Response 1024870478

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Elected representatives

6. Members of Parliament are elected to represent local people’s interests in the House of Commons. How can the internet and social media help with this?

Comment:
I think this is a red herring. Politicians like to think they can use the latest technology to connect with the people, but all they want to do is use it for propaganda and to curtail our privacy. There are very few politicians who use either the internet or social media to any effect. Caroline Lucas and the Green Party do it very well. The lunatic fringe of UKIP and the Tories just use it to spread hate and fear. Labour constantly use it to make announcements but don't care what even their own voters have to say by way of comment. Politicians don't have to use these channels to be effective, for instance Glenda Jackson is a true conviction politician I admire but I never hear about her Twitter account, whereas I do see her Commons performances circulated on social media by others. It's the content that's important, not the medium.

7. Does social media enhance the local link for MPs, or undermine it by involving them in more national and international discussions?

Comment:
It probably gives them more to do, and a greater opportunity to connect with the people they represent, which could be exploited to better effect. "National and international discussions" is irrelevant, unless the MP in question is a cabinet minister or foreign secretary etc. My local MP does tweet about things he's doing in the area although it often comes across more as a self-justification/party political broadcast exercise.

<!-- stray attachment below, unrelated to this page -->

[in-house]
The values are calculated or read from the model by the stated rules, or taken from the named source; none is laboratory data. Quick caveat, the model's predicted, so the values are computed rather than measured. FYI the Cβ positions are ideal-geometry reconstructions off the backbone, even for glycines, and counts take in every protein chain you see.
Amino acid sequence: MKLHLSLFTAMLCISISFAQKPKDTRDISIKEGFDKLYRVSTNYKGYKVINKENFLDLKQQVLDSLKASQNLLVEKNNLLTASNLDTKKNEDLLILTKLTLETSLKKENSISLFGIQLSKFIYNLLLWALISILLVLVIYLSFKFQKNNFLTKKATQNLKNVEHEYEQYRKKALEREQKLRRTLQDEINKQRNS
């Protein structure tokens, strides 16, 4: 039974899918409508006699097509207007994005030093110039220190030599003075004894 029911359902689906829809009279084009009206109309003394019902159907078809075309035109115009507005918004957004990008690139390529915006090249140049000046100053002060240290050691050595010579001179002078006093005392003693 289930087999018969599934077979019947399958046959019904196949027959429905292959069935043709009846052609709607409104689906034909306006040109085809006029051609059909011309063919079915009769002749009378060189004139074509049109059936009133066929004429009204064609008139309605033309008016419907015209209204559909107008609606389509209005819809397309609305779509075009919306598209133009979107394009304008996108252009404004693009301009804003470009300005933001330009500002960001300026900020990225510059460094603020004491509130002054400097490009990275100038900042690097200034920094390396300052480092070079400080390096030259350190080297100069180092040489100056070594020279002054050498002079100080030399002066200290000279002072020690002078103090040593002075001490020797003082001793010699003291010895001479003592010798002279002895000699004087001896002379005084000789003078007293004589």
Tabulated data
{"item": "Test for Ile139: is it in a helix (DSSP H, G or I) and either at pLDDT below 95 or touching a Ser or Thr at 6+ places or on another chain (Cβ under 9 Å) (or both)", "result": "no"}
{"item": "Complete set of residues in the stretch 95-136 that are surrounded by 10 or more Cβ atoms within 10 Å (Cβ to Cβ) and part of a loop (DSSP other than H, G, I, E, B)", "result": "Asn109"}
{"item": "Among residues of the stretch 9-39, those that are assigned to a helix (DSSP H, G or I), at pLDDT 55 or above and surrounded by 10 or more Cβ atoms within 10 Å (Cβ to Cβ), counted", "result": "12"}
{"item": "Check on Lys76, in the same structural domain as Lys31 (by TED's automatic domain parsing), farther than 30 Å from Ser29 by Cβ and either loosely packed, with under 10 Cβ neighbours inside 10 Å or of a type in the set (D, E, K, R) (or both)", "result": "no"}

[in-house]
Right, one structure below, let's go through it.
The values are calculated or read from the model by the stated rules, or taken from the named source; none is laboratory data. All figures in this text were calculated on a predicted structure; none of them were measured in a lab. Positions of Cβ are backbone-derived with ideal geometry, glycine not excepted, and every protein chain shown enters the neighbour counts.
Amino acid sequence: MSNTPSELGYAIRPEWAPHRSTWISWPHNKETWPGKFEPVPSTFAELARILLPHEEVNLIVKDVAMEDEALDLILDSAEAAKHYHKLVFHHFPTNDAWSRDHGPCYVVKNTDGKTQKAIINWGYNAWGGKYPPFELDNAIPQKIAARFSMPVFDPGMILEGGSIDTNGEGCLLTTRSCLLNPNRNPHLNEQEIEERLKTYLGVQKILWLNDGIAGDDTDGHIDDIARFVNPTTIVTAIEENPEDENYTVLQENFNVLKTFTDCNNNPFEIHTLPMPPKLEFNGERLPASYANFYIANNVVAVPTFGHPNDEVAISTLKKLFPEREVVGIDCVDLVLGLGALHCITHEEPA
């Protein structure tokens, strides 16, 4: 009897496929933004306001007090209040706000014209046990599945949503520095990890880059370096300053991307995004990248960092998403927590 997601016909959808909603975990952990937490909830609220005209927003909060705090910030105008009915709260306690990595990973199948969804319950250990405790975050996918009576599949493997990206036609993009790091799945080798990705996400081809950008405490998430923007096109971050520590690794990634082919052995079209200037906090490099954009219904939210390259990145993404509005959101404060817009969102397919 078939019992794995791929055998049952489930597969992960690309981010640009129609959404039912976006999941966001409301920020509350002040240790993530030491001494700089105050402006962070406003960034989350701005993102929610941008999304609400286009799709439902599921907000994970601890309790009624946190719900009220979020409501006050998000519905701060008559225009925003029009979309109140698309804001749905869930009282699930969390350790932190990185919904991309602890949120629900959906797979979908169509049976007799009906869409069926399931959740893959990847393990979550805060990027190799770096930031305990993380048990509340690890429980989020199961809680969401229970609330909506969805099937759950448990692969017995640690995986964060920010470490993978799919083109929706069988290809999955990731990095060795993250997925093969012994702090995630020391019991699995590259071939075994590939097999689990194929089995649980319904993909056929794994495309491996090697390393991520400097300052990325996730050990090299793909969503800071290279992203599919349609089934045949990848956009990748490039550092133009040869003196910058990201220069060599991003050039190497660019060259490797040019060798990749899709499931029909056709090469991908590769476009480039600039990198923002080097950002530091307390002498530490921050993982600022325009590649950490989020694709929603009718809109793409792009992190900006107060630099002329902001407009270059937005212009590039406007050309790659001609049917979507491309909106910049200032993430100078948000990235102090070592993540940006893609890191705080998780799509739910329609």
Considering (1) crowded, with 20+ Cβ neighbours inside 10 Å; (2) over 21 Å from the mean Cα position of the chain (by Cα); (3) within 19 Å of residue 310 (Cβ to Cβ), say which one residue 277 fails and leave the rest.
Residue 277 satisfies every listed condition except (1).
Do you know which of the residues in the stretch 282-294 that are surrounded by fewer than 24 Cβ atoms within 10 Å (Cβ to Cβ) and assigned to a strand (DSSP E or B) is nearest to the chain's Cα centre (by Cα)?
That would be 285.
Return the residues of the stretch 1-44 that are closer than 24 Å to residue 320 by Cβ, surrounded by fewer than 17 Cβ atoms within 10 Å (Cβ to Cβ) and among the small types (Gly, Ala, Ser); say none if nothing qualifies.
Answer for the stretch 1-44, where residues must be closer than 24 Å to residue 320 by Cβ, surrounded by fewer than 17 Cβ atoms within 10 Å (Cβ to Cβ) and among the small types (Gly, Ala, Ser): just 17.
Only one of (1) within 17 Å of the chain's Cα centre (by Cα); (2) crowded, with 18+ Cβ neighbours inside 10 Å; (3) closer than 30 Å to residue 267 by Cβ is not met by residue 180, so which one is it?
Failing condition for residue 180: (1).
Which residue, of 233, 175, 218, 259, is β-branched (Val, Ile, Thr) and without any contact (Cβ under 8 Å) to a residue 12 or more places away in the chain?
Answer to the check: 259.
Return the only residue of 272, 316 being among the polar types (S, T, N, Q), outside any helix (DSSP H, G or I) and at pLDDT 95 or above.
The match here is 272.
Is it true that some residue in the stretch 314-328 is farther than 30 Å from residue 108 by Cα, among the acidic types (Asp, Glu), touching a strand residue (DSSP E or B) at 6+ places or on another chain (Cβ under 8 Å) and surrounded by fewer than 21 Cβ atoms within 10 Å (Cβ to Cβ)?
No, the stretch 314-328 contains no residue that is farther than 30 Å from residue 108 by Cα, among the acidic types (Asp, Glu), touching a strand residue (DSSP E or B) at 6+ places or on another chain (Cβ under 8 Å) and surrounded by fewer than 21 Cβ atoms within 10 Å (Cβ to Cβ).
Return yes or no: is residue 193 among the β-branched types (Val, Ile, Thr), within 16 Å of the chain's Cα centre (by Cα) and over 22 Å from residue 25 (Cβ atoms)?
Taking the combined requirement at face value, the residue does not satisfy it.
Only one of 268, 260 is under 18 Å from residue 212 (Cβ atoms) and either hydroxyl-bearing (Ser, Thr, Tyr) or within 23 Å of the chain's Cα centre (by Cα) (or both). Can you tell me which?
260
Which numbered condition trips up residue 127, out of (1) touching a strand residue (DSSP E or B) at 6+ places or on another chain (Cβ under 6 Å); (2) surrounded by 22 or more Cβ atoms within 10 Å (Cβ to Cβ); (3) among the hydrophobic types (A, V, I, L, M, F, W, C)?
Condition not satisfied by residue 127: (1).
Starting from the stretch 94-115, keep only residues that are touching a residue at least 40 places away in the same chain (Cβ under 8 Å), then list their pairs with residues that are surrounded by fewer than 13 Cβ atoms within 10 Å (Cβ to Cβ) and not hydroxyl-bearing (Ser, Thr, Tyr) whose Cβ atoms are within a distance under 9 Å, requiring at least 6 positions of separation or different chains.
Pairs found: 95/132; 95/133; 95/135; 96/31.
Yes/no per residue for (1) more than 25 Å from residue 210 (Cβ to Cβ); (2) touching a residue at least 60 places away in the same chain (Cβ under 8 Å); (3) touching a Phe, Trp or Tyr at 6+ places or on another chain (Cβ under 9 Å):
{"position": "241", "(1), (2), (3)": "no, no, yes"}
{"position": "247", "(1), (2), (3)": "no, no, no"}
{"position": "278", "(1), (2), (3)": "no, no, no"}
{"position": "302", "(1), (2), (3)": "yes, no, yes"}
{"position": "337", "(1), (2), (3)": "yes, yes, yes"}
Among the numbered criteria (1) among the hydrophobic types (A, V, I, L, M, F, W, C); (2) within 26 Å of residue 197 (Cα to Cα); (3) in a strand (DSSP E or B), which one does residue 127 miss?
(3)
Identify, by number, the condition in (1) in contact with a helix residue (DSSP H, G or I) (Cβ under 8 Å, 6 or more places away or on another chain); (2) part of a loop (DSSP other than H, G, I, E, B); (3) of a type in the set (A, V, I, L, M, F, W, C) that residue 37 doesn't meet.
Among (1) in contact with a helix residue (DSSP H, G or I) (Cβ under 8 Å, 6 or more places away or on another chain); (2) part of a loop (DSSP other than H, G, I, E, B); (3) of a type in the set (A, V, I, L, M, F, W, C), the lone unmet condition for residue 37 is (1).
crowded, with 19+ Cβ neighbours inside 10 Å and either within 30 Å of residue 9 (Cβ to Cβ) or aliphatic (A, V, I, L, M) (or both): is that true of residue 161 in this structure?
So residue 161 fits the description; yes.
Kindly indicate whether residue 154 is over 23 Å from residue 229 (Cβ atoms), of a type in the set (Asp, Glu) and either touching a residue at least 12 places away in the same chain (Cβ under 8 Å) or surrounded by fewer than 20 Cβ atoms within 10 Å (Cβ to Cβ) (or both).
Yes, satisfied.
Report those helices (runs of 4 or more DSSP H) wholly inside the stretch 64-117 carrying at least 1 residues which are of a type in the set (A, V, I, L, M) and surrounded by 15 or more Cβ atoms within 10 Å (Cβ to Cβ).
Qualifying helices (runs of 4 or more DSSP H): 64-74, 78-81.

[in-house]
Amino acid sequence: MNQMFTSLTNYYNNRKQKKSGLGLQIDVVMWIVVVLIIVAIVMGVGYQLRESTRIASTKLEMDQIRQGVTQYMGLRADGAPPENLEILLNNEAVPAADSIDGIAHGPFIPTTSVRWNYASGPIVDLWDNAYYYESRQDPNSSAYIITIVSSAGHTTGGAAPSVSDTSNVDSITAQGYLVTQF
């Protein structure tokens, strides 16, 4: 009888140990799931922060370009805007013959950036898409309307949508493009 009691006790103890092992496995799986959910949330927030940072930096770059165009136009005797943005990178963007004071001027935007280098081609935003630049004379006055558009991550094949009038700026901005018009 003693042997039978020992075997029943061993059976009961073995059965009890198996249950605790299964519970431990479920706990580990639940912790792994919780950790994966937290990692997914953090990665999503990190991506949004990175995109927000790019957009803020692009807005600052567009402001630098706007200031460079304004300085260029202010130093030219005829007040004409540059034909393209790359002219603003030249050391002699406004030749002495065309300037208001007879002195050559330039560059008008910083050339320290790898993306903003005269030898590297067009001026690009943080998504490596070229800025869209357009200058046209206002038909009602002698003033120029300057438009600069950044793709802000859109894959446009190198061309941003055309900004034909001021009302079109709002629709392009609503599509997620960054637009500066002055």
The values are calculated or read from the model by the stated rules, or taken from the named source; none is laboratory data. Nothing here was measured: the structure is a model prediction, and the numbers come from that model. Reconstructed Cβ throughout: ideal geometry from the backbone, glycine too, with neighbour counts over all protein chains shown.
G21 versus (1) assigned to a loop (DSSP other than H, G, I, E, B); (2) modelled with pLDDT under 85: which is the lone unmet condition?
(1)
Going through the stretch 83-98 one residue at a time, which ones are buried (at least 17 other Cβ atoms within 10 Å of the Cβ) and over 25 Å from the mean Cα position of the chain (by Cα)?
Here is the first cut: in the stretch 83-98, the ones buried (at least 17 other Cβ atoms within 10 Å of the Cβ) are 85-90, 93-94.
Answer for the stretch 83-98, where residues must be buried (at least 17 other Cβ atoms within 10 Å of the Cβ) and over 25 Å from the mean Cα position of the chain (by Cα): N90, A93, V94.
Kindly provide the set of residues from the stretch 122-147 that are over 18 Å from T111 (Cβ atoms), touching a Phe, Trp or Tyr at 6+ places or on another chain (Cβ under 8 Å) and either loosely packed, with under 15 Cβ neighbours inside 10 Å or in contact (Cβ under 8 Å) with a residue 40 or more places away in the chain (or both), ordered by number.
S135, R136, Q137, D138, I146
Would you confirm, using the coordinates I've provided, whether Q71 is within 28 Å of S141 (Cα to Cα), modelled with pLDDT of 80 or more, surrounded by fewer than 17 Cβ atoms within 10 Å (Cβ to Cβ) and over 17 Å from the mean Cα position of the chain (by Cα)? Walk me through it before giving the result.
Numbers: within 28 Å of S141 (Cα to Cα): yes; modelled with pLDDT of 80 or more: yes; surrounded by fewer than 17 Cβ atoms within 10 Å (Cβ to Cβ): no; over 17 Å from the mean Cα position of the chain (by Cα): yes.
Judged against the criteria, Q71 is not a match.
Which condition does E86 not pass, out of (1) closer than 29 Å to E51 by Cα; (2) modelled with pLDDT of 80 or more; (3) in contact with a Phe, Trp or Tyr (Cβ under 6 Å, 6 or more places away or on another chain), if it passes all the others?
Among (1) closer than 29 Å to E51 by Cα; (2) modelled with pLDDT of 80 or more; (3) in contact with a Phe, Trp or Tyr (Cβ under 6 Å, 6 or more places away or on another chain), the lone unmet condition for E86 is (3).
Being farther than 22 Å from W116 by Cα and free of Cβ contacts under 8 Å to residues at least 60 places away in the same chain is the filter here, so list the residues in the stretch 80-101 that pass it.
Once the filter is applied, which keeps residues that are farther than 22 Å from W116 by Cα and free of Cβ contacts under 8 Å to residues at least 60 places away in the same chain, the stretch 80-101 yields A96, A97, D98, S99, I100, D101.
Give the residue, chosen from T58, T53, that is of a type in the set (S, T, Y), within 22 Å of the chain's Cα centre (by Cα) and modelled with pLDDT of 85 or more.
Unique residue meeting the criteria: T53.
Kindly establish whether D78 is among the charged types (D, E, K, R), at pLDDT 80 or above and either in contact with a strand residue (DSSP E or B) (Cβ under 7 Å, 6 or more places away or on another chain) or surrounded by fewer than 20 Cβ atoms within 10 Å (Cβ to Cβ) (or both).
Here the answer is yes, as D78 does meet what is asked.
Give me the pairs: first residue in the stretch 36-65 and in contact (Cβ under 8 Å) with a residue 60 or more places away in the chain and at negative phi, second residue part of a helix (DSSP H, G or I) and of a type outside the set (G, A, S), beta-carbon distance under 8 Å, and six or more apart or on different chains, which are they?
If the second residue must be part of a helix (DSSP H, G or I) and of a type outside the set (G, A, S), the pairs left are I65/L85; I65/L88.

8. Use of interactive technology is increasing. Is this likely to increase pressure for more direct democracy, such as crowd-sourcing, referendums and citizens’ initiatives?

Comment:
"Direct democracy" is a joke. It's gesture politics. Barely any politicians are interested in democracy and certainly don't want to use the internet or social media to give people *more* power.

9. What will democracy look like in 15 – 20 years?

Comment:
I hold out very little hope for the future of "democracy". Politicians are only interested in serving themselves and their peers. They will continue to curtail people's freedoms as long as people let this happen.

Information about politics

10. Most people still get most of their news from television, although this seems to be changing in favour of online information. Traditional news organisations are also changing. What impact will this have on elections and democracy in general?

Comment:
Traditional news organisations are changing for the worse. The BBC is no longer independent and doesn't represent what people need to see or hear. The BBC censors news that isn't in the interests of the government and gives disproportionate amounts of airtime to unelected extremists. None of this bodes well for "democracy".

11. How can online provision of information about elections be improved, including details of where to vote, how to vote and the results?

Comment:
Central website independently managed (not political) with details of all polling stations (with maps and transport links), details of all candidates and their policies, and results.

Political campaigning

12. Can we expect continuous election campaigning through digital channels – what would citizens feel about that and would it undermine or strengthen representative democracy?

Comment:
This happens already through the existing channels and I pay little attention to it. The extremists just use it for inflammatory speech, which gets all the attention anyway. Campaigning is mostly depressing, meaningless nonsense and has little to do with really connecting with the public. You don't engage with me by standing on a soap box in an M&S jumper, you do it by not making the police kettle me when I exercise my democratic right to protest against your policies.